Sports media mid-week notes worth posting:
== What will be this year’s take-away/extended hang wringing from Fox’s coverage of the 117th U.S. Open from Erin Hills, Wisc.?
It’s just year three of a 12-year deal between the network and USGA, and nothing really has been fairway friendly over that time. This recent GolfDigest.com piece lays that all out, why the contract continues to be scrutinized and what exactly are the Golf Gods trying to do to all of us.
Fox reports to having more than 45 hours of coverage between FS1 and Channel 11 (and Fox Deportes, plus its Fox Sports Go app), with live streaming on USOpen.com and the U.S. Open app. Among those 45 hours, however, Fox is also counting shows that are emanating from the course, like “Undisputed.”
FS1 has a preview show Wednesday (6:30-to-9 a.m.) and live first and second round coverage from 8 a.m. to 3 p.m. Thursday and Friday, with Channel 11 jumping in from 3-to-6 p.m.
Fox’s weekend coverage starts at 8 a.m. Saturday and Sunday.
The technical enhancements are always more intriguing than trying to see what’ll come out from Joe Buck, Paul Azinger, Brad Faxon, Curtis Strange or any of the other mismatched talent in front of a live camera. (This year, they’ve added Darren Clarke for international flair).
Drone technology is one area of advancement worth watching for, as well as the “augmented reality” aspects with the graphics to show things the eye can’t normally focus on. All 18 holes can use shot-tracking technology; nine of them have “Trakman radar” that shows a ball tracing with data, with the other nine using “Toptracker” that puts the live ball over video in a “Fox FlightTrack” sequence.
DirecTV also has a 4K service showing featured holes.
Audio — a Fox signature move — will include using more than 200 microphones around the course, much of it picking up player-caddie conversations as well as official ruling discussions.
== You can ultimately judge whether another so-labeled ESPN “30 for 30” three-part piece on the Lakers-Celtics “Best of Enemies” rivalry is/was worth investing five hours of your time spread over two nights.
It’s summer, not much else on, the NBA Finals are over …
And it is Lakers and Celtics with 12 NBA Finals meetings in five decades.
Let the rehash begin (which it does Tuesday night with episodes 1 and 2 from 5-to-8 p.m. and continues Wednesday night with episode 3 from 5-to-7 p.m., and it’s also available on demand)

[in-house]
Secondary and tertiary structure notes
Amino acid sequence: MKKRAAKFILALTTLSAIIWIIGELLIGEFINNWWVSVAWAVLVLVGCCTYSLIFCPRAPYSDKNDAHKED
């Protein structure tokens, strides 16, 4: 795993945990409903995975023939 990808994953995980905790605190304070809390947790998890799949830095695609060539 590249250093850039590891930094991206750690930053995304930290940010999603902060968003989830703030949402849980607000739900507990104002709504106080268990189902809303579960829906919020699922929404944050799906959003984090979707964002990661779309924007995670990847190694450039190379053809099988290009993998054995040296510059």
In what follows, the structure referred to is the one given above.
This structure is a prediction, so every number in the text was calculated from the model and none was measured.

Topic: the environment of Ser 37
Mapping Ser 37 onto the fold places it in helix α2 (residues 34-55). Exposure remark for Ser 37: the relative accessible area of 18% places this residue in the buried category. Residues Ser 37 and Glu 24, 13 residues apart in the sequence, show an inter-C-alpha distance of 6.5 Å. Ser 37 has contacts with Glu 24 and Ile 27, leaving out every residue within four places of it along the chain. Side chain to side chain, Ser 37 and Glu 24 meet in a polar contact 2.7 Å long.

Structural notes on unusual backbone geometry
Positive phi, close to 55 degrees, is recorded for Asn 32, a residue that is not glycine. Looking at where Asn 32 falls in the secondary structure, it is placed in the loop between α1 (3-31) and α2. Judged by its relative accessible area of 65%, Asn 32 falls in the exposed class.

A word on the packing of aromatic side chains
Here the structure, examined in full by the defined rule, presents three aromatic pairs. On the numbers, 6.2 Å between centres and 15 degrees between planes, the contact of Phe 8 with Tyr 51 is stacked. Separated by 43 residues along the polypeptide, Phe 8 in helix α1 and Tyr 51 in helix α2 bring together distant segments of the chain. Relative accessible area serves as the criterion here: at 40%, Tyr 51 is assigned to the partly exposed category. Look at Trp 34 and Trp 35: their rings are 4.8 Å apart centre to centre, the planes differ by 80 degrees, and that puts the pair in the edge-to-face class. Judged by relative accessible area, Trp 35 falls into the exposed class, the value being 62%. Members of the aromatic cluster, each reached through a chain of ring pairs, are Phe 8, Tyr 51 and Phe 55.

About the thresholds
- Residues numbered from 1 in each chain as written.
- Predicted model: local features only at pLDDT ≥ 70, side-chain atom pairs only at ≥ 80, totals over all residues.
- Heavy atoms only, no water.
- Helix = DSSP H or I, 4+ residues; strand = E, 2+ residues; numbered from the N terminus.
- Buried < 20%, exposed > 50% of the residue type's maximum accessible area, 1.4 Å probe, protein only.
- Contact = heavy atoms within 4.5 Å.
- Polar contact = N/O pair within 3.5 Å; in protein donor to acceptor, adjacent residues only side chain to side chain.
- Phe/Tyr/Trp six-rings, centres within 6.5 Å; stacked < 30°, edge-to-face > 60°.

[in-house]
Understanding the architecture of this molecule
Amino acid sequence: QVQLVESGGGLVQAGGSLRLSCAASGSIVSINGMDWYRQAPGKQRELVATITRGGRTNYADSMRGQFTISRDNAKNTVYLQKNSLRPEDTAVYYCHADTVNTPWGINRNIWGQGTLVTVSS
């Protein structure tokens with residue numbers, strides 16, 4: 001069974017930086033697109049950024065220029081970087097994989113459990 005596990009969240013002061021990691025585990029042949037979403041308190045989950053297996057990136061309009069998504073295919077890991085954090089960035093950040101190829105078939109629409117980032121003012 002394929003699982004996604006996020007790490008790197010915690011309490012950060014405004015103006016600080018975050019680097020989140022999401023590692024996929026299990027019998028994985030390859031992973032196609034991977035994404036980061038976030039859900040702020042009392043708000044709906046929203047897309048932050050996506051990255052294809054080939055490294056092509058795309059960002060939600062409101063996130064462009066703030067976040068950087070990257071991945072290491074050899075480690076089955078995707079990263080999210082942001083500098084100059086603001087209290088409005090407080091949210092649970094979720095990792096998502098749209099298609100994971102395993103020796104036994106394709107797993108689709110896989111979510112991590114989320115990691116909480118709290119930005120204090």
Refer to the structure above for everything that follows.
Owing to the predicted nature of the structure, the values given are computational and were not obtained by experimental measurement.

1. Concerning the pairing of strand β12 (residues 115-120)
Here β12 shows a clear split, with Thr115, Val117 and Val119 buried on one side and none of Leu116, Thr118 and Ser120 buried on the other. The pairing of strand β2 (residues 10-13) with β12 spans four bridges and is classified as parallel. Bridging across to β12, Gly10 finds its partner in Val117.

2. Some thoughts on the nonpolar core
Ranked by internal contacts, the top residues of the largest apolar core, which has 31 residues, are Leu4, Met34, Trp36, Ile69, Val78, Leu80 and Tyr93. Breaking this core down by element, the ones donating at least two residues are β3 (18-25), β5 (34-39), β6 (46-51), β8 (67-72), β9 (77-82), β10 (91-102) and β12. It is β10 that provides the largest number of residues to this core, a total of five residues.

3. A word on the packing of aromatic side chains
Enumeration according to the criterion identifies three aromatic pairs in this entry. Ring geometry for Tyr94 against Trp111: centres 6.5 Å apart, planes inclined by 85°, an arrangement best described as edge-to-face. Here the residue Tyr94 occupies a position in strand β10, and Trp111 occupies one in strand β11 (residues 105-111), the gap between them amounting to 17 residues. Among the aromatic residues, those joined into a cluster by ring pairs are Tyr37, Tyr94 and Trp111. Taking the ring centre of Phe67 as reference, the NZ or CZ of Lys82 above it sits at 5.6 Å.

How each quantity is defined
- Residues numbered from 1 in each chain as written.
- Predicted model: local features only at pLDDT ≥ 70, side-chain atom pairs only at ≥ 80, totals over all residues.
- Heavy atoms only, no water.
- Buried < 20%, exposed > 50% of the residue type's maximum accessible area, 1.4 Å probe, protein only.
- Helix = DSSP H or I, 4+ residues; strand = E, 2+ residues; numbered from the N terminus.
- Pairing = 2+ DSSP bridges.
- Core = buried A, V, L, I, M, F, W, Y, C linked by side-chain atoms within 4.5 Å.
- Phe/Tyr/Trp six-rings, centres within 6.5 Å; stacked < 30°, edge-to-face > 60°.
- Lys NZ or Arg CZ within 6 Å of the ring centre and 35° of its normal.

While we wish more was told about the early 1960s run, there is more attention on the 1980s era that still seems to be an endless loop of highlights, as well as most captured video by the networks at the time. Race is a common theme covered for the West Coast-East Coast components, as are social incidents that happened during this time.
We tend so far to lean with Ben Koo of AwfulAnnouncing.com that a five-hour, two-night commitment is “an awfully big ask,” unless you’re a hard-core follower. He does wonder if it also went “too far back” to study history — the answer is no, you gotta go there.
And the A.V. Club’s assessment that director Jim Podhoretz gives more “scope and context” to the rivalry is cool, but we were also weary of this element, which writer Noel Murray points out: “The opening minutes … aren’t especially promising, and almost seem designed to put viewers off. The doc has two narrators—Donnie Wahlberg representing Boston, and Ice Cube for L.A.—and they speak in first-person throughout, describing a personal connection to their respective hometowns while casually trash-talking each other’s teams. But they’re reading from a script, and the stiff, performative aspect of their fandom is grating at times.”
Besides, who cares what they thought? It’s your filter that matters most.
More background from ESPN’s PR department.
== Los Angeles (19.1) was among the top 10 national markets for Game 5 of the NBA Finals on Monday, about half of what the San Francisco-Oakland No. 1 market (39.6) and No. 2 Cleveland (37.1) generated. The Warriors’ series finale over the Cavs did a 16.0 overall national rating overnight, peaking at 18.8 at 8:30 p.m.